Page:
You are not now, who you will become

Not long ago I sat in the bleachers looking down on a class of eighth-grade students taking their seats for a middle school graduation. They walked into the room in alphabetical order, but it was easy to spot the jocks, the geeks, the nerds, the goths, the cheerleaders, the mean girls, and the band kids not by what they wore, but by the way they carried themselves. As they took their seats, I wondered what they were thinking about as they marked this milestone in their life.

Were they thinking about going to high school? I was certain most were. Many of them probably had chosen a college, selected a career, and planned the size of their future family. I imagined when they thought of themselves as adults they simply saw an adult-version of who they were on this day. This self-awareness, if they possessed it at that time, had a far greater potential to be life limiting than they surely realized.

I’m sure they didn’t understand that each of us should constantly be growing.

I can’t imagine now that any of them really knew how every-day living would shape them far beyond the vision they had of themselves that day, or how each person they would encounter in their lives—from that day forward—would help them become, or in some cases make them, different people.

We do become much different people as we grow older and not just in the physical sense. Our hopes change, and so do our dreams. Our goals, achievements, memories, and feelings each have a different meaning than they did when were younger. I like to think we get a few gifts, too, as we add the years: We all gain experience, many of us gain wisdom, and some us are fortunate enough to earn a little more respect, if not by our accomplishments, most certainly by what we have endured.

I hope that we’ve found a wider sense of our own purpose, too.

Somewhere along the way, if we have listened closely to life’s teachings, we should have also learned that while our lives are ours to live as we see fit, we are most fulfilled when we share our lives with each other. I have always believed that some people come into our lives to teach us, while others come to learn from us. We will encounter very few people who can balance the teaching-learning scale and we we do find them, we should make sure we never let them leave. Of course, we have to balance their scales, too.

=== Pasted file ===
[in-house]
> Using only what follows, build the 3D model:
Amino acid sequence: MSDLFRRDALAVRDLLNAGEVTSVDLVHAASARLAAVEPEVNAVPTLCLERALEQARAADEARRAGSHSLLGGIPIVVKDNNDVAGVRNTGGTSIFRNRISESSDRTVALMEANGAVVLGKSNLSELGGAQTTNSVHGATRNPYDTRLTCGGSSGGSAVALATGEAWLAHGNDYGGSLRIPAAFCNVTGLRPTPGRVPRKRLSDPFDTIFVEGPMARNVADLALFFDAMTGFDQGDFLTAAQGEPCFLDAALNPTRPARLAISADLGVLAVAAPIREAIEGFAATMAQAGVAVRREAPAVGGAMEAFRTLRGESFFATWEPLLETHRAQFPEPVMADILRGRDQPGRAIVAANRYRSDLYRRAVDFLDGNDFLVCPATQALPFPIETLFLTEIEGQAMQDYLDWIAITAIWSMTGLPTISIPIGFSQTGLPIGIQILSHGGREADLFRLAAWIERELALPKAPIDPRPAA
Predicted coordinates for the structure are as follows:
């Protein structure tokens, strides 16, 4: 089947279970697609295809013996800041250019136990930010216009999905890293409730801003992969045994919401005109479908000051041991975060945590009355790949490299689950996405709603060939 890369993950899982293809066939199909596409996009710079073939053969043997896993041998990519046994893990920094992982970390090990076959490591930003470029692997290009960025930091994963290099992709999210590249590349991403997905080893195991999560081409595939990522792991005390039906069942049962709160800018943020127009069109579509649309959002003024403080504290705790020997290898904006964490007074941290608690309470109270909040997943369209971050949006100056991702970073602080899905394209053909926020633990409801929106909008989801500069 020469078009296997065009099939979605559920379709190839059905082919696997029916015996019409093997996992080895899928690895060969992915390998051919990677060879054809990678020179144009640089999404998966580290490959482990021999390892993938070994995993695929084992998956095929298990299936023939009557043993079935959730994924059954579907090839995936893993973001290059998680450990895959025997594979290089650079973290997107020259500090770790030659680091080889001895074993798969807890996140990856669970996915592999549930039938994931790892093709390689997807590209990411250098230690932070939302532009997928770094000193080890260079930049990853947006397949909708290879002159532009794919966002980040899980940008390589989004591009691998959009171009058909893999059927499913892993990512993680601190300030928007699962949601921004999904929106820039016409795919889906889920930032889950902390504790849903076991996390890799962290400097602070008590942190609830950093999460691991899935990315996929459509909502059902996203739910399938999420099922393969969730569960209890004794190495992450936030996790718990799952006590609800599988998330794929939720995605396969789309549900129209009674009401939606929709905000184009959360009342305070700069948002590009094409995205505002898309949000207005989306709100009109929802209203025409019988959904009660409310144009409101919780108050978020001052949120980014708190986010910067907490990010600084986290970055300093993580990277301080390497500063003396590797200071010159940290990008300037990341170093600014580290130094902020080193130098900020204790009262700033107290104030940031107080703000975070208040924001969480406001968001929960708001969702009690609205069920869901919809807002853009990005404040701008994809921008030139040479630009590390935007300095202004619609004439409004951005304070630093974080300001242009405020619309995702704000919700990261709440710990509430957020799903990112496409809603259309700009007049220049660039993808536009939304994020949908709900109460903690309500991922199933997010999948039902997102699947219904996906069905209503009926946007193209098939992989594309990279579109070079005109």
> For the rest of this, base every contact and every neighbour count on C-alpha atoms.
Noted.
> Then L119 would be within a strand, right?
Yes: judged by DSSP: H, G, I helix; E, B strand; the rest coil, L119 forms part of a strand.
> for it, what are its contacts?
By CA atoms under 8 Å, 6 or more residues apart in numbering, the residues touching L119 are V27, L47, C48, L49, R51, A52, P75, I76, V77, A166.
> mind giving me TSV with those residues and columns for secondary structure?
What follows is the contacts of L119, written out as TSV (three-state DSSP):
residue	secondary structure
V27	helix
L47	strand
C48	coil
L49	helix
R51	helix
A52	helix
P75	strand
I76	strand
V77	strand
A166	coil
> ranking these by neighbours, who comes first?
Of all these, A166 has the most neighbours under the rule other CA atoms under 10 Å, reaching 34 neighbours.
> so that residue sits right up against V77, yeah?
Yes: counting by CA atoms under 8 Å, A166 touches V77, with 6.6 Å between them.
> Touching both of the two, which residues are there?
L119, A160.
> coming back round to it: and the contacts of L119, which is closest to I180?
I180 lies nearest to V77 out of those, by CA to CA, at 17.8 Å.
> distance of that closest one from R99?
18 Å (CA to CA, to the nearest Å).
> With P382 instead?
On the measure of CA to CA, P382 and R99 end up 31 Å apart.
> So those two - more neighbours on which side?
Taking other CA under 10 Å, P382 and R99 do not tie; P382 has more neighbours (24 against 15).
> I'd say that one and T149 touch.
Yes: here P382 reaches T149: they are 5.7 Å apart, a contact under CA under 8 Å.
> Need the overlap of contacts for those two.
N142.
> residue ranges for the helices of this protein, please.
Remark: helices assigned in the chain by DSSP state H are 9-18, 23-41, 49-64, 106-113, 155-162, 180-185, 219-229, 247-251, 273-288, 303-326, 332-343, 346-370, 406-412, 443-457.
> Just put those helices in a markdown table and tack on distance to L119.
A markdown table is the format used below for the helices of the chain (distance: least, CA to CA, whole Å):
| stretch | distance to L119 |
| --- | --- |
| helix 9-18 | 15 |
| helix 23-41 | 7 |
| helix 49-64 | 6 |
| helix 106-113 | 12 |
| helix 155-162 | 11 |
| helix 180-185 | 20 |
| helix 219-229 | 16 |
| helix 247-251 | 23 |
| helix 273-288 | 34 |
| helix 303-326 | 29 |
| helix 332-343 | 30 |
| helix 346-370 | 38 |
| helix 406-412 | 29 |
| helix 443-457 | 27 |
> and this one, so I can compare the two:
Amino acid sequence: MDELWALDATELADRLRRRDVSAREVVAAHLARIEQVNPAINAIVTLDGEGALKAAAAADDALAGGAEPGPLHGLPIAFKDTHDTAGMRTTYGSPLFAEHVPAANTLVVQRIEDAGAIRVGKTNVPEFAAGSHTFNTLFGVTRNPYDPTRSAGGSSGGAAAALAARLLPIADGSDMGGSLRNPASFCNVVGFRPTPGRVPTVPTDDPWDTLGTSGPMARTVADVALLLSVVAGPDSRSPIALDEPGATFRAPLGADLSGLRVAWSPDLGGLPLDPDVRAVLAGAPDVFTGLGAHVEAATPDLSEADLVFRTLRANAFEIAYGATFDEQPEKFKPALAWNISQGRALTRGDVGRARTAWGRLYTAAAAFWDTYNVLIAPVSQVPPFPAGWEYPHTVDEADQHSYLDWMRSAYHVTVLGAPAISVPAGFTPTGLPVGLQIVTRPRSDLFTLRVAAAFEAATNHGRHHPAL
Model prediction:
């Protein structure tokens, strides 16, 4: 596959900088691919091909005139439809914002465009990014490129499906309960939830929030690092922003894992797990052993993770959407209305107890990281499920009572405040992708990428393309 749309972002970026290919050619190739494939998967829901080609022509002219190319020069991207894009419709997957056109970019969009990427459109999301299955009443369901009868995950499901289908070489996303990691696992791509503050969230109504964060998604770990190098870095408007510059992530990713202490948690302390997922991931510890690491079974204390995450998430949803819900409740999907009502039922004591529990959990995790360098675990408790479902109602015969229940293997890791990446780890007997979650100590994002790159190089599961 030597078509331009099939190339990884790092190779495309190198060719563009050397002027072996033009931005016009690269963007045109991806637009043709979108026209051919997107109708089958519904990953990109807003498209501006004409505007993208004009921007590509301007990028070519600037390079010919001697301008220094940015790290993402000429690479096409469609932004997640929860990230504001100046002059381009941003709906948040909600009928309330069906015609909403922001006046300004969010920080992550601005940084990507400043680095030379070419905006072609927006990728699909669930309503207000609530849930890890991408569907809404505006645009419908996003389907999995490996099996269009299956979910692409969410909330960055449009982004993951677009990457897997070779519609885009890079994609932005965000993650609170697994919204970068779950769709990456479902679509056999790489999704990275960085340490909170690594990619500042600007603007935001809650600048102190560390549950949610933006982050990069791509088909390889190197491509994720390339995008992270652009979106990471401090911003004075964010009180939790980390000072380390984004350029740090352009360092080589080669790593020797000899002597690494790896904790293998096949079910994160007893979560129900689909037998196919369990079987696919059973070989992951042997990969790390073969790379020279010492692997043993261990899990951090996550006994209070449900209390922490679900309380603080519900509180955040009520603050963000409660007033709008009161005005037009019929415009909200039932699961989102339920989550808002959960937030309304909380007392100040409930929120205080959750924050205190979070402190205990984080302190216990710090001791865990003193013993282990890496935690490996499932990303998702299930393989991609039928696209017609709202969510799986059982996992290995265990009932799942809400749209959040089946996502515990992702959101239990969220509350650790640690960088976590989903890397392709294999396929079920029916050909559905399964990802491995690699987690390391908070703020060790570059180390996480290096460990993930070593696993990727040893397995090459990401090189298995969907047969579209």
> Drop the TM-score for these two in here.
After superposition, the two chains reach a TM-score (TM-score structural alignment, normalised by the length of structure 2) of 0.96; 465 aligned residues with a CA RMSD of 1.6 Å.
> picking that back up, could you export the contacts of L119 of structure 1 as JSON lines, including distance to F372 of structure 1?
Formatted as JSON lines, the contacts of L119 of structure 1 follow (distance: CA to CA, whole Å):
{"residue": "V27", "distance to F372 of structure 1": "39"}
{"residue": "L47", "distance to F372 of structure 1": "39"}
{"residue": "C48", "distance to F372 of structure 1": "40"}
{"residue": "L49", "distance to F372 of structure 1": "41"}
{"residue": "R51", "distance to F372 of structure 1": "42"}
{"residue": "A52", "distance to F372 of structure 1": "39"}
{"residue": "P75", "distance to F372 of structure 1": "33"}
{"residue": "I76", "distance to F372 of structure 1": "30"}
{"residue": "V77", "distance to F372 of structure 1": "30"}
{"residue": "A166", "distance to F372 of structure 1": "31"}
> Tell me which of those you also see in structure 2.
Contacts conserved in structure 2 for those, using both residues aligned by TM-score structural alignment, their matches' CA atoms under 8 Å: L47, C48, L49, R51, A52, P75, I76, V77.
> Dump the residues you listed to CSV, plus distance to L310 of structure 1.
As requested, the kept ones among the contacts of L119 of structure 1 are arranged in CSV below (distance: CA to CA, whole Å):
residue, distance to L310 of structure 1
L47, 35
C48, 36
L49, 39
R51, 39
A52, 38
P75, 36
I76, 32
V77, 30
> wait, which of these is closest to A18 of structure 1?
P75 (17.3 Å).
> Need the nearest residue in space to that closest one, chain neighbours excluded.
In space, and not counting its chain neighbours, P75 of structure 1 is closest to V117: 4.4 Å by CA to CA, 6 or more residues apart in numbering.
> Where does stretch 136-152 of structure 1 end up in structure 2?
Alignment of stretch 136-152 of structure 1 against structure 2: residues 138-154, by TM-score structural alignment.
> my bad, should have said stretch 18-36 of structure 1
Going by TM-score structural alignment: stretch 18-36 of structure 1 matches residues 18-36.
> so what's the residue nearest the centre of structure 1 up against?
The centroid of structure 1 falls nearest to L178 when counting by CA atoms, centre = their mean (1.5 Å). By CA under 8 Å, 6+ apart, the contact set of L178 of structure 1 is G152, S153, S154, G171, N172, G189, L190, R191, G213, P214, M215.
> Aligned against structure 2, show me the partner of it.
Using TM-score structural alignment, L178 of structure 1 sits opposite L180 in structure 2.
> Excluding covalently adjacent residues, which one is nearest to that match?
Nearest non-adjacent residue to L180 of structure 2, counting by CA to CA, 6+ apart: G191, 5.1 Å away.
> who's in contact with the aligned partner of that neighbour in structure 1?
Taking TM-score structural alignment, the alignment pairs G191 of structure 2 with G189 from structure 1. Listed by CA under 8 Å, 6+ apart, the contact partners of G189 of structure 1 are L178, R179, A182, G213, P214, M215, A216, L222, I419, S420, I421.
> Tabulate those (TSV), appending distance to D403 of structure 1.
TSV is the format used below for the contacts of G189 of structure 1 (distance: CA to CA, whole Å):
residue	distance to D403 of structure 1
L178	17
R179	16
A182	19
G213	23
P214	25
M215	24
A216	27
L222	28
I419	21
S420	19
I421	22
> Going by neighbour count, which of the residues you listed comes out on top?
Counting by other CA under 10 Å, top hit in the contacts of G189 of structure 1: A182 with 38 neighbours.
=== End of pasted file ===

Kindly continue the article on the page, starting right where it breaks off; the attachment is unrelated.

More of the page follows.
Here’s a secret I’ve learned: We are defined not by the events of our lives, but by the people whom we have known.

The people we meet, the people we choose to invite into our lives, the people we love, and the people we lose; all of them make us who we are and they never stop coming or going as long as we’re breathing. No matter how old we are at this very moment, we are not now, who we will become, because of this never-ending stream of people who touch us in ways that we often never realize in the present.

It’s the people in our lives who fuel our perpetual state of becoming.

My grandfather always told me, “Time flies; the older you get, the faster it goes.” We all know that time moves at a constant speed throughout life, so it is not that the seconds click by faster. Instead, I think what he meant was that as we get older we begin to understand how precious the moments of life are because age grants us a higher sense of appreciation and purpose for the gift of our own lives, and for the lives of others we have come to know.

No, you are not now, who you will become. Neither is anyone else.

What are you going to do about it?

Remember, time flies.

_____

Photo Credit: The Old Grandfather Clock by sburke2478

About the author

David Harkins

It’s A Process features the personal essays, fiction, and poetry of David Harkins, who endeavors to make sense of the chaos around him through the thoughtful telling of stories in what he hopes to be an engaging and sometimes humorous manner. Don’t count too much on the latter, though.

Except where noted, the photos used on this site are © David L. Harkins.

Comments

  1. I suppose I was influenced a little by the Breakfast Club in my thinking that day. It odd how popular culture creeps into our writing. John Hughes would be proud, although I’m not certain most English Professors would feel the same. 🙂

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